In what analysts say could be a “game changer” for China’s new digital currency as well as access by the nation’s rural poor, the People’s Bank of China this week tested out a “phone-free” digital yuan for the first time.
According to People’s Daily, a hospital in Shanghai became the first testing ground for the Digital Currency Electronic Payment (DCEP) “hardware wallet” — a smart card-like device that can be used for payments with the digital yuan without needing a mobile phone or the internet.
Similar in appearance to a debit or credit card, the DCEP hardware wallet uses near-field communication (NFC) technology to store digital yuan as well as allowing the card holder to spend e-money near participating point-of-sale terminals. But unlike common plastic bank cards, a small screen embedded in the upper right corner of the DCEP digital currency card displays the account balance, amount of purchase and the number of remaining uses of offline payments.
China has been testing out its new central bank digital currency for much of 2020. Six years in the making, the DCEP has not yet officially launched — but China watchers believe the date could be near.
The testing up to now has largely taken place within banks and with people in large cities. Even though this test was carried out in Shanghai, analysts note that for the first time, the DCEP hardware wallet offers a window into how China is planning to engage the rural poor in its national digital currency ambitions.
The first “phone-free” e-RMB wallet
Dr. Yu Yiming was one of the first people to test out the e-RMB hardware wallet. He bought a meal in the staff canteen at the Shanghai Tongren Hospital, which is affiliated with Shanghai Jiao Tong University School of Medicine.
“It is my first time to use e-RMB for a purchase,” Dr. Yu told People’s Daily. “I feel it is very convenient and I can see the balance. That feels very assuring.”
The news of the DCEP’s phone-free hardware wallet attracted attention far and wide in China once People’s Daily published it on its official Weibo account on Tuesday, with more than 57,000 netizens “liking” the new development and 3,000 people commenting on it. Some commenters expressed concerns about privacy, as it would show the balance on the card to anyone who can see it.
“I am afraid that people would see my balance of a few cents,” said the most popular comment, which gained more than 6,000 likes.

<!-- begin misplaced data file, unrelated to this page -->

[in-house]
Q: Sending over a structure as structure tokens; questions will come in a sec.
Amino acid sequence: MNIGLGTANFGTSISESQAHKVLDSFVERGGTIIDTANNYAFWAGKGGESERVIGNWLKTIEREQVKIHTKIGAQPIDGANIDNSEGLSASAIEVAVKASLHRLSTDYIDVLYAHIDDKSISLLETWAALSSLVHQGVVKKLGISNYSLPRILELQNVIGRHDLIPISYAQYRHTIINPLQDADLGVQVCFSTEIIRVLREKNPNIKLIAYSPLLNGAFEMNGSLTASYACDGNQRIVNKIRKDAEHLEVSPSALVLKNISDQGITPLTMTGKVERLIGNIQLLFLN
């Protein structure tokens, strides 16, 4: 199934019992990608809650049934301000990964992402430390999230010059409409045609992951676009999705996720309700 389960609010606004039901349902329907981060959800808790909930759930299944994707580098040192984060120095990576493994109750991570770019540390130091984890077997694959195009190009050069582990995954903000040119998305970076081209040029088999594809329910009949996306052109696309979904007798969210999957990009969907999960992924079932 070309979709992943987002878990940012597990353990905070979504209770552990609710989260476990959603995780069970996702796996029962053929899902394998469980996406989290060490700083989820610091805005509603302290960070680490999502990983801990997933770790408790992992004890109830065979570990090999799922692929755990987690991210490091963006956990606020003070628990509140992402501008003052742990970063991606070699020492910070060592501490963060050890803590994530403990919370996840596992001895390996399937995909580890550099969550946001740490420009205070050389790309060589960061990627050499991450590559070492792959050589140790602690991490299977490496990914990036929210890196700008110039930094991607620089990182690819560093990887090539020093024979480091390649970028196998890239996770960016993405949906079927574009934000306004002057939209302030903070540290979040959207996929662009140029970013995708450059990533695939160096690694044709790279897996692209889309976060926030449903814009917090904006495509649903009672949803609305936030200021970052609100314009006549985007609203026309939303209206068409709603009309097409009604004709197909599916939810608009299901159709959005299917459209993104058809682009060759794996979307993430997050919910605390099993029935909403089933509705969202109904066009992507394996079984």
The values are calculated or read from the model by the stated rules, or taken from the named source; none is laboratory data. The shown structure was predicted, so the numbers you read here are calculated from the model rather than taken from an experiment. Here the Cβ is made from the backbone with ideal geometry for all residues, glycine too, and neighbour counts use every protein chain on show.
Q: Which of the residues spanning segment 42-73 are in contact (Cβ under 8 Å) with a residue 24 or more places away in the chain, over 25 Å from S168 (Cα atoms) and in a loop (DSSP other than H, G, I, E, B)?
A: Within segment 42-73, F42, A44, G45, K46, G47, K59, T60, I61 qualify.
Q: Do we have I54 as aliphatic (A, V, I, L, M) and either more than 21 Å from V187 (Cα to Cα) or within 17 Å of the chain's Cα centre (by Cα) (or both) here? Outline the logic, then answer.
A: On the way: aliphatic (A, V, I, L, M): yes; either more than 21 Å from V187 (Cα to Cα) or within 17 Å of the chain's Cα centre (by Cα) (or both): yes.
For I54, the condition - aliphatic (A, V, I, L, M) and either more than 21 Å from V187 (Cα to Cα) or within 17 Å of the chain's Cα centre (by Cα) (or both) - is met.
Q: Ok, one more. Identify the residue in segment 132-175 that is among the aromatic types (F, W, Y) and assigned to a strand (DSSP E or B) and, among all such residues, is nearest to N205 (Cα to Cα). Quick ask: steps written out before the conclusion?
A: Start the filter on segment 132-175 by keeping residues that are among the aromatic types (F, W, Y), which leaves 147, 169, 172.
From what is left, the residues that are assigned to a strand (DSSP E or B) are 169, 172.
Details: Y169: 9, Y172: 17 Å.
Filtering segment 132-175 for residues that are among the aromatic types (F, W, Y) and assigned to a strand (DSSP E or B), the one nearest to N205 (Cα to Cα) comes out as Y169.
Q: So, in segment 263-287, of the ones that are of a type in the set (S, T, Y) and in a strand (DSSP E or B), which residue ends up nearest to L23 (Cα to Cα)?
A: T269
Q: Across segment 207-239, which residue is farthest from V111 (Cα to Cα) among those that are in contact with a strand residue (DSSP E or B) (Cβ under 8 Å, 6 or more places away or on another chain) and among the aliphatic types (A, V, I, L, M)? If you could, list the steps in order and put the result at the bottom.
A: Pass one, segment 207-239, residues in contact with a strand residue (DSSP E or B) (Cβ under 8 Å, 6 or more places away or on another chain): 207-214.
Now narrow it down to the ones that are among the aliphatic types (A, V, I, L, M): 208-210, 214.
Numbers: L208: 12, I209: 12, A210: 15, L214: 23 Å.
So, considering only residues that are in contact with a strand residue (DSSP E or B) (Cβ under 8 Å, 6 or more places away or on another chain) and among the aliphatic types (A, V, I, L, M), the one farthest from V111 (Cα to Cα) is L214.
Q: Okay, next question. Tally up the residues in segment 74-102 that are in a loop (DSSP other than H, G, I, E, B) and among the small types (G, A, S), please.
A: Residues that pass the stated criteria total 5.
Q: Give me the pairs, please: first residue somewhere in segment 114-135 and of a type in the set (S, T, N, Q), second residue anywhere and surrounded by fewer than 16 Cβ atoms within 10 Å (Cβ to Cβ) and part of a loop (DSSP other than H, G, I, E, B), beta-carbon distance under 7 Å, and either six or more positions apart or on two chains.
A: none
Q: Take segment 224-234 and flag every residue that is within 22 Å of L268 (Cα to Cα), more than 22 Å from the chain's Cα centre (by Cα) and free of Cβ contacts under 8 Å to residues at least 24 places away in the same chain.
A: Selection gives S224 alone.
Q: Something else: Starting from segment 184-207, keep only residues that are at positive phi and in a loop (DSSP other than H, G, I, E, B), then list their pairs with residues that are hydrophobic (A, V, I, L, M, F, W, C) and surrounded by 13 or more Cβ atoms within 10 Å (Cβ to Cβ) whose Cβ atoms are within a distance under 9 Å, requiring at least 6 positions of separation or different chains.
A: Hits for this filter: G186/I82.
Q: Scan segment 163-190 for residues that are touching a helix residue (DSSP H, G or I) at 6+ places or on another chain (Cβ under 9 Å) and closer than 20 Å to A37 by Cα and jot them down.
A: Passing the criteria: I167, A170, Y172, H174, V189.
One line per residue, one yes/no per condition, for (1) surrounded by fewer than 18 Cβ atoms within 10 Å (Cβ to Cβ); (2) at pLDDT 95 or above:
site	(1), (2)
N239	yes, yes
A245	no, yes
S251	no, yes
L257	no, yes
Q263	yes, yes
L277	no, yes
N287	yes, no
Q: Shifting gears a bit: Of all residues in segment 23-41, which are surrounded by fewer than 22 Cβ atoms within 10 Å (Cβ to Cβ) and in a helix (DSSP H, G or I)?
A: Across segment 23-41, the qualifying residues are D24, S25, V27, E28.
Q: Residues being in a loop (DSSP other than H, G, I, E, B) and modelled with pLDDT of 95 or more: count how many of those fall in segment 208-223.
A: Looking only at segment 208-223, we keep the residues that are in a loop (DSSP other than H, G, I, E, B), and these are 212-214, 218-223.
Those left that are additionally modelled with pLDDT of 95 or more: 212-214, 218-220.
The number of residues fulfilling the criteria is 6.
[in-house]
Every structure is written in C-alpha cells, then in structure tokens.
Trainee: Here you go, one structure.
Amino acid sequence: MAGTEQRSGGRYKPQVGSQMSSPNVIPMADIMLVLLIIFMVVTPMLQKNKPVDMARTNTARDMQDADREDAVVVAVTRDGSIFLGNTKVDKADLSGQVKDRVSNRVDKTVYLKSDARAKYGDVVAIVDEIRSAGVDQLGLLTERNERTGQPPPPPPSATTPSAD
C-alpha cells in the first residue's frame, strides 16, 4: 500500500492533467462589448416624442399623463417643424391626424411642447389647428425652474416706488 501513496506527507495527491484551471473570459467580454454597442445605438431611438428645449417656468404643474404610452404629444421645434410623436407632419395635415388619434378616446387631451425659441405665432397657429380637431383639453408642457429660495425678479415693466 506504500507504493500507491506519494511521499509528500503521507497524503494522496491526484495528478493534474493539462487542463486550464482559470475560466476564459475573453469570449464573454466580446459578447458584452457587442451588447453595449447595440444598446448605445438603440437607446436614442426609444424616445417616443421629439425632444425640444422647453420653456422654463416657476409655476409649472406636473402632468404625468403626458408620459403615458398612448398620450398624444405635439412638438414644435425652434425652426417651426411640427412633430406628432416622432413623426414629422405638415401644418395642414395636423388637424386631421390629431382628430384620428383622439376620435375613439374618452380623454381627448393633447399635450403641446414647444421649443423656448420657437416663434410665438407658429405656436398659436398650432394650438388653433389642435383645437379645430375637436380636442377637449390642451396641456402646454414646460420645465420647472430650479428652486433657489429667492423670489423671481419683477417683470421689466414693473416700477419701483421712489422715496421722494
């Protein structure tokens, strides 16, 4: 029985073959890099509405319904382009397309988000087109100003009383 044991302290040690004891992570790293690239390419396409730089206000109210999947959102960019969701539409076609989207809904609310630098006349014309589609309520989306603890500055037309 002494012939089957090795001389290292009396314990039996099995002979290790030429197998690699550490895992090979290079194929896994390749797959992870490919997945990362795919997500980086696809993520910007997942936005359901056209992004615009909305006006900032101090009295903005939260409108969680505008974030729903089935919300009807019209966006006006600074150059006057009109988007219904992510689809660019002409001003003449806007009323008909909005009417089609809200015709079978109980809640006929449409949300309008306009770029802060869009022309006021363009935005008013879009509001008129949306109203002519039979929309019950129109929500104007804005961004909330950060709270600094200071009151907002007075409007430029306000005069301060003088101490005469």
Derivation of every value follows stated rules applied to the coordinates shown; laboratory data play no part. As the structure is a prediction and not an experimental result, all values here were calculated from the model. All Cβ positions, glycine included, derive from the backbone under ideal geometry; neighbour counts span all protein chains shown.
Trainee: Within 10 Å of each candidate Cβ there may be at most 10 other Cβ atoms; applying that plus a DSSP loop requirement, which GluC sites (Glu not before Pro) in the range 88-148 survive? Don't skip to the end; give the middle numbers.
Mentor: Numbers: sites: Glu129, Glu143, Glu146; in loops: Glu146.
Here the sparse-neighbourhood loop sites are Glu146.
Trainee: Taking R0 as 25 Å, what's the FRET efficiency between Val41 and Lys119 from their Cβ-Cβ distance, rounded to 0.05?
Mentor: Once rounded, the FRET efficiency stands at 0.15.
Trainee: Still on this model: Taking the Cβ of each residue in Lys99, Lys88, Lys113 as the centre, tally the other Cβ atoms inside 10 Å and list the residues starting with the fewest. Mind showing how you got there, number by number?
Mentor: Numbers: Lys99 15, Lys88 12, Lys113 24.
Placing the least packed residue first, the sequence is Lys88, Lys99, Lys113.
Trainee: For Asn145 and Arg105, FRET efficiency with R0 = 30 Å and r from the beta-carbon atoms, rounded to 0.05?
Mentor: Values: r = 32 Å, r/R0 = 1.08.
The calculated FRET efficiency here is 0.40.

Others expressed confusion over the value and purpose of this new product.
“What’s the difference between this and mobile payment or swiping a debit card?” some wanted to know. “Will it be more convenient?”
Helping the rural poor and the elderly
Despite its many modern cities and advanced payment technologies that surpass what much of the West is currently using, China is a vast country with a large gap between its rich and the poor. Many rural poor do not own mobile phones and lack access to the internet.
According to Newzoo’s 2019 report, about 40% of China’s population do not use a smartphone, which means over 700 million Chinese would not be able to access the e-RMB wallet app through a smartphone.
As a result, including a “phone-free” payment option for the new DCEP may be a required feature for the e-RMB to gain acceptance and widespread adoption. Mu Changchun, the president of Digital Currency Research Institution, a research arm of PBOC, described the DCEP e-RMB — which is legal tender, but in digital form — as M0, just like banknotes and coins.
The DCEP digital currency “is a product for the public, for any groups in the society,” and it should be convenient and inclusive for all, Mu said in an October 2020 speech. He also mentioned that the e-RMB needed to be accessible to the elderly — some of whom may not be very tech savvy even if they owned a mobile phone.
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A digital payment smart card like the one being tested in Shanghai could help close the payment technology gap between China’s rich and the rural poor, said Stanley Chao, managing director of All In Consulting, a culture change consulting firm based in Los Angeles.
“This is really a game changer,” Chao told Forkast.News. “Millions of new users without a phone, without online access, without any of the traditional high-tech infrastructure, living in China’s rural areas can seamlessly perform day-to-day transactions.”
Making the DCEP digital currency more accessible to China’s poor can also have larger economic consequences.
“The DCEP hardware wallet can allow the underbanked population to spend and participate in the economy, which also helps the overall economic recovery from Covid-19,” said Flex Yang, CEO at Babel Finance, a Hong Kong-based crypto asset management company.
Impact on cross-border payments and RMB
Aside from serving the marginal groups, the phone-free digital yuan hardware wallet could also boost cross-border payments and RMB-based transactions between China and developing countries in Africa and Central Asia.
As trade tensions escalate between the U.S. and China, an easy-to-use, no-internet-required and mobile phone-free DCEP digital yuan could allow China’s trading partners in developing regions to get away from SWIFT and the U.S. dollar when they make payments to China — which in turn would reduce China and those countries’ reliance on the U.S., Chao said.
“With U.S.-China relations at an all-time low, it seems more likely that the two countries are heading towards bifurcation, particularly with respect to high-tech and economic trade,” Chao said. “Introducing the DCEP quickly accelerates the rift and eventual independence from the U.S.”